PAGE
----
string message = "      Hello World!       ";

string trimmedMessage = message.TrimStart();

trimmedMessage = message.TrimEnd();

trimmedMessage = message.Trim();

This sample reinforces a couple of important concepts for working with strings. The methods that manipulate strings return new string objects rather than making modifications in place. You can see that each call to any of the Trim methods returns a new string, but does not change the original message.

There are other methods available to work with a string. For example, you've probably used a search and replace command in an editor or word processor. The Replace method does something similar in a string. It searches for a substring, and replaces it with different text. The Replace method takes two parameters. These are the strings between the parentheses. The first string is the text to search for. The second string is the text to replace it with. Try it for yourself. Add this code:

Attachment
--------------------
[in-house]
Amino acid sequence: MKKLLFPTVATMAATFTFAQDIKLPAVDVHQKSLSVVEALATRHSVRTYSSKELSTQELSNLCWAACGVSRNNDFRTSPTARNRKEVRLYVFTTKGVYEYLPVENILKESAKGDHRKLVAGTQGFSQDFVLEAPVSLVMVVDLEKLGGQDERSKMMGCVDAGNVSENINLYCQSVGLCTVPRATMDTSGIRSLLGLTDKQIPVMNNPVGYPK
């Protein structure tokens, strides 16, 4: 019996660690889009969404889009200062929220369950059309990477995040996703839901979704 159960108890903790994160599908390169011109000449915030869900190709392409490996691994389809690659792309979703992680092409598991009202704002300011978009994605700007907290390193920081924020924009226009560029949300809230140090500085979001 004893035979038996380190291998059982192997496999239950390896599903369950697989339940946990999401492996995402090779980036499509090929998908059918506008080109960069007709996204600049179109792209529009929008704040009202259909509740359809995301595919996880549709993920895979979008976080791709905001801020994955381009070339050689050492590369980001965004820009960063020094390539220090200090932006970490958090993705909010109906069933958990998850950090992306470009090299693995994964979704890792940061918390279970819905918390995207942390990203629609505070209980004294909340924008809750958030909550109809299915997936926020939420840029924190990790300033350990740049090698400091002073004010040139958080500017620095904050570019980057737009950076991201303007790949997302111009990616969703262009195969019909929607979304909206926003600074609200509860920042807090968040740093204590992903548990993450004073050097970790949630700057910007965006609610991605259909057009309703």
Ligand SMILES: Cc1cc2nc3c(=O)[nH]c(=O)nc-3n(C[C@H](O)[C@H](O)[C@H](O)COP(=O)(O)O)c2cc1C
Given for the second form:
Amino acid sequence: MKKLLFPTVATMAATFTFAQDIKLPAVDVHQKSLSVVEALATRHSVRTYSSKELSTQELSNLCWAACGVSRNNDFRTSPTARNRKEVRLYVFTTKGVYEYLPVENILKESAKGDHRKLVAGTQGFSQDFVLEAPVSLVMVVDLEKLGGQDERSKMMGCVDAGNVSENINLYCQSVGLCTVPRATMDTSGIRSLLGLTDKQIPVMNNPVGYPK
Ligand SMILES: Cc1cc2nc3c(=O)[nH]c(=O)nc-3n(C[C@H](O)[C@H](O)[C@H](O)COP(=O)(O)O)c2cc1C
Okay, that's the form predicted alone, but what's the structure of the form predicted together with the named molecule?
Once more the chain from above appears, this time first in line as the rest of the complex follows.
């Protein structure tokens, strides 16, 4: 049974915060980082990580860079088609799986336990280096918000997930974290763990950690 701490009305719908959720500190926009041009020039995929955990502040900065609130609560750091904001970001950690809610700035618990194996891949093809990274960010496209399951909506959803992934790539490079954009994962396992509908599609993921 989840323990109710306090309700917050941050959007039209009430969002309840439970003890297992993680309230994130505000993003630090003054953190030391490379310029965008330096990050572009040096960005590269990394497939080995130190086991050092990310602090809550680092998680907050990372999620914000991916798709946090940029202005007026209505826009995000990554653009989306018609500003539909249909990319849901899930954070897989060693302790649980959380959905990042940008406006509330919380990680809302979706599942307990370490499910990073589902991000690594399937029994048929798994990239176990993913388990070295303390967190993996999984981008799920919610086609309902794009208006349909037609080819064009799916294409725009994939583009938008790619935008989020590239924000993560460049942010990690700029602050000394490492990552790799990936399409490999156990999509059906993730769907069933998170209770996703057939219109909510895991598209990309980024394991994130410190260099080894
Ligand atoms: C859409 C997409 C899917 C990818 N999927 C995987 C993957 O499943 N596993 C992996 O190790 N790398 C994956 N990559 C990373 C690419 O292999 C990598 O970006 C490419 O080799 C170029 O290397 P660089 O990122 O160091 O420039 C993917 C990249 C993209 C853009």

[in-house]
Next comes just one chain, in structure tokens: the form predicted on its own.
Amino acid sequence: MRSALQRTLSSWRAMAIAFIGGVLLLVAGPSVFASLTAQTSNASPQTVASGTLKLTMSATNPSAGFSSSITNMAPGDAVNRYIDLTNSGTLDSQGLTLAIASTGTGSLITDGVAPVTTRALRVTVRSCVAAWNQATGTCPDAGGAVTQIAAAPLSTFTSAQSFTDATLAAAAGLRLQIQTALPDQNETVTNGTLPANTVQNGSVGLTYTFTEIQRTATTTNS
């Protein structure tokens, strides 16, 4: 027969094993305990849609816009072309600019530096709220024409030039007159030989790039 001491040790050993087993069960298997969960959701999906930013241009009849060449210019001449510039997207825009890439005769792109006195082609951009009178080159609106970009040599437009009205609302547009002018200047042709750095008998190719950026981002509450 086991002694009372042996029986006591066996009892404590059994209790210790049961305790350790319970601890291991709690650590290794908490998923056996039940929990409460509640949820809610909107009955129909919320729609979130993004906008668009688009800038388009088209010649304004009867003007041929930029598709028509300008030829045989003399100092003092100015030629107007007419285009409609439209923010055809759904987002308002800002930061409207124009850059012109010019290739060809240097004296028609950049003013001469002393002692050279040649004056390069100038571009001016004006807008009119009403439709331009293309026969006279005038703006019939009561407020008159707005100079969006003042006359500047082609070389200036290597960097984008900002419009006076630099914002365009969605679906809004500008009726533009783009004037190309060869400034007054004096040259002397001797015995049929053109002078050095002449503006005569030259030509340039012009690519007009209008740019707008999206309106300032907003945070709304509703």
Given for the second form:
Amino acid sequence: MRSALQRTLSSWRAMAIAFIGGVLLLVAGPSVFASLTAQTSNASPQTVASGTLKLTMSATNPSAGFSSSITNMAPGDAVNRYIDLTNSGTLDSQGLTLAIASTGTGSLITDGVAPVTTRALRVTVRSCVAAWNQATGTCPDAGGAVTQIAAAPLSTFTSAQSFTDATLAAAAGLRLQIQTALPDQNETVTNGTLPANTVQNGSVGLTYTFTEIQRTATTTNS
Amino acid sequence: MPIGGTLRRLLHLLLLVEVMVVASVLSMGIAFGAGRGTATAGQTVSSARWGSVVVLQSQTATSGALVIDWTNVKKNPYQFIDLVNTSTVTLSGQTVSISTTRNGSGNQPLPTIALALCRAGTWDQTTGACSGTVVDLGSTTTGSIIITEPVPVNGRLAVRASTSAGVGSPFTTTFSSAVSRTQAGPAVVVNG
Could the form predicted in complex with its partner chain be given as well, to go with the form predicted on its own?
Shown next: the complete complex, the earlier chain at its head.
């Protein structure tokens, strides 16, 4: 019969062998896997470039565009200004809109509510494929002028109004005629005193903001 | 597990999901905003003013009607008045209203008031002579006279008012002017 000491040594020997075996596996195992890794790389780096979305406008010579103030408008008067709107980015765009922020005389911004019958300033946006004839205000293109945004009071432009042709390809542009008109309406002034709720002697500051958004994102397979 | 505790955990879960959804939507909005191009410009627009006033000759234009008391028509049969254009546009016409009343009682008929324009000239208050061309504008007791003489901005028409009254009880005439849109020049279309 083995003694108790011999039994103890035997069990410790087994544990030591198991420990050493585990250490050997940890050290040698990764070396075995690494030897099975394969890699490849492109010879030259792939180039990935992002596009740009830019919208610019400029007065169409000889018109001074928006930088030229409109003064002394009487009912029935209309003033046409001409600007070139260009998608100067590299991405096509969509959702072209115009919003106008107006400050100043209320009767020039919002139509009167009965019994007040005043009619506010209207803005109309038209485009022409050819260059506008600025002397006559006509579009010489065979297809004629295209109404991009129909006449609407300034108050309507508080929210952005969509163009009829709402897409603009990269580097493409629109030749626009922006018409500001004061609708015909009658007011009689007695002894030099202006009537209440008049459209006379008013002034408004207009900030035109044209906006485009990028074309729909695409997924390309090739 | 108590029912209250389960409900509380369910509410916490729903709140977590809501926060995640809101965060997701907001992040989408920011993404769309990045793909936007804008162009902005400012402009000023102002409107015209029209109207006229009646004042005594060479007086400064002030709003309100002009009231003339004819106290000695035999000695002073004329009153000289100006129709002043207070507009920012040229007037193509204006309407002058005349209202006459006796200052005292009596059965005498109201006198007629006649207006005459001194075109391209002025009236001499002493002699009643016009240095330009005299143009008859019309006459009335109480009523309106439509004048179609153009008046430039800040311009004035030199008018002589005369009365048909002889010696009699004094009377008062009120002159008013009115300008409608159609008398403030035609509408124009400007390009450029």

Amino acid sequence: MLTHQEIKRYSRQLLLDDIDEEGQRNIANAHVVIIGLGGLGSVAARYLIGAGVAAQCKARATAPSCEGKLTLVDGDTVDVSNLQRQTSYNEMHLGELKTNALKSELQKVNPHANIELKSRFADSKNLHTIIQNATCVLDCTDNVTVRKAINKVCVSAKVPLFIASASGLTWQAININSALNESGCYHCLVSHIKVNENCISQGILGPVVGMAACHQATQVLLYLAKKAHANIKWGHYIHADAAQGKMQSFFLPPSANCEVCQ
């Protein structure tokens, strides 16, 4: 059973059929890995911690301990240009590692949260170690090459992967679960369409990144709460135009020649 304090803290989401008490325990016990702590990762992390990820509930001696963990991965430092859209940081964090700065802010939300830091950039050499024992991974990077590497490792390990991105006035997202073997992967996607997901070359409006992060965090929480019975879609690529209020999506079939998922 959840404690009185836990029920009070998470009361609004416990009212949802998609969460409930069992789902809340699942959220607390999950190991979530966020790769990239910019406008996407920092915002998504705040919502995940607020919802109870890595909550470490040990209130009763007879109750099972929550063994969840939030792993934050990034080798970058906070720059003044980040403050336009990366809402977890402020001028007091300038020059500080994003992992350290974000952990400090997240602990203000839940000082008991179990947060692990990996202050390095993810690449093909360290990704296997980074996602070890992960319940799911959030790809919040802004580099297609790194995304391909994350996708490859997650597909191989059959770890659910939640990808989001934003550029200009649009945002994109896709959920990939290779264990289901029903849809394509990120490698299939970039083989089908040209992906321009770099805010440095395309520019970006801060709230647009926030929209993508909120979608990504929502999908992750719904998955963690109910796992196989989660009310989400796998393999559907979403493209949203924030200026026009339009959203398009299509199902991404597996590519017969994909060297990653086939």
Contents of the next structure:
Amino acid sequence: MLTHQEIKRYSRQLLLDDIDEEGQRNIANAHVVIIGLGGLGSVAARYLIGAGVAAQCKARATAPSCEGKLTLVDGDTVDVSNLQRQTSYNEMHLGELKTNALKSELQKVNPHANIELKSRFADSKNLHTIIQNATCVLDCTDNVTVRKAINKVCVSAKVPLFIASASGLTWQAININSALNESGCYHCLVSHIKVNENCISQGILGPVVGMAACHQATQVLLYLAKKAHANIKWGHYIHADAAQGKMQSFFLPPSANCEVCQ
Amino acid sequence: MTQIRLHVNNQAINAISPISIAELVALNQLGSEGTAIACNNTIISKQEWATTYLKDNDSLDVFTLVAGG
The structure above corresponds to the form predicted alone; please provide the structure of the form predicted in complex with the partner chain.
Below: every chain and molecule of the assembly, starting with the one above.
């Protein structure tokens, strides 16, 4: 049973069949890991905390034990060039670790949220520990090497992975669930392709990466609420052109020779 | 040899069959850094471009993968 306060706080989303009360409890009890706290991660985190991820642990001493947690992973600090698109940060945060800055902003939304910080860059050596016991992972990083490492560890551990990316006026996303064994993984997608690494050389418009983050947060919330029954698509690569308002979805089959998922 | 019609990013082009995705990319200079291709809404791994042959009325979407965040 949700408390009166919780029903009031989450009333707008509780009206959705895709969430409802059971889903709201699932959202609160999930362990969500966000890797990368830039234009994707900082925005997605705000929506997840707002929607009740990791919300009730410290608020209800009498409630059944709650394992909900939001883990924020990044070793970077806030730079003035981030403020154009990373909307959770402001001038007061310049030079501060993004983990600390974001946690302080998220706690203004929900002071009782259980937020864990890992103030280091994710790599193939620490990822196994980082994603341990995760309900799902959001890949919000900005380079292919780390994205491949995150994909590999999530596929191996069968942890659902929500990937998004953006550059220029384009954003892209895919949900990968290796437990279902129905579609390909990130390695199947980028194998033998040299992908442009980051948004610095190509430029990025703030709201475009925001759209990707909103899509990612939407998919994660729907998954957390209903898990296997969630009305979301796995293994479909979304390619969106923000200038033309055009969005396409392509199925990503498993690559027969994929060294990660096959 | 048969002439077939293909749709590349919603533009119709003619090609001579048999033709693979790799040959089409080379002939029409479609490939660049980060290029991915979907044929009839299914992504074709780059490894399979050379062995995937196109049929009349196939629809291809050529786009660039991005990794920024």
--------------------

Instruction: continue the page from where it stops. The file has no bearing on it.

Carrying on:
string message = "Hello World!";
message = message.Replace("Hello", "Greetings");

Two other useful methods make a string ALL CAPS or all lower case. Try the following code:

string message = "Hello World!";


This online coding experience is in preview mode. If you encounter problems, please report them on the dotnet/try repo.

Search strings

The other part of a search and replace operation is to find text in a string. You can use the Contains method for searching. It tells you if a string contains a substring inside it. Try the following code to explore Contains:

string message = "You say goodbye, and I say hello";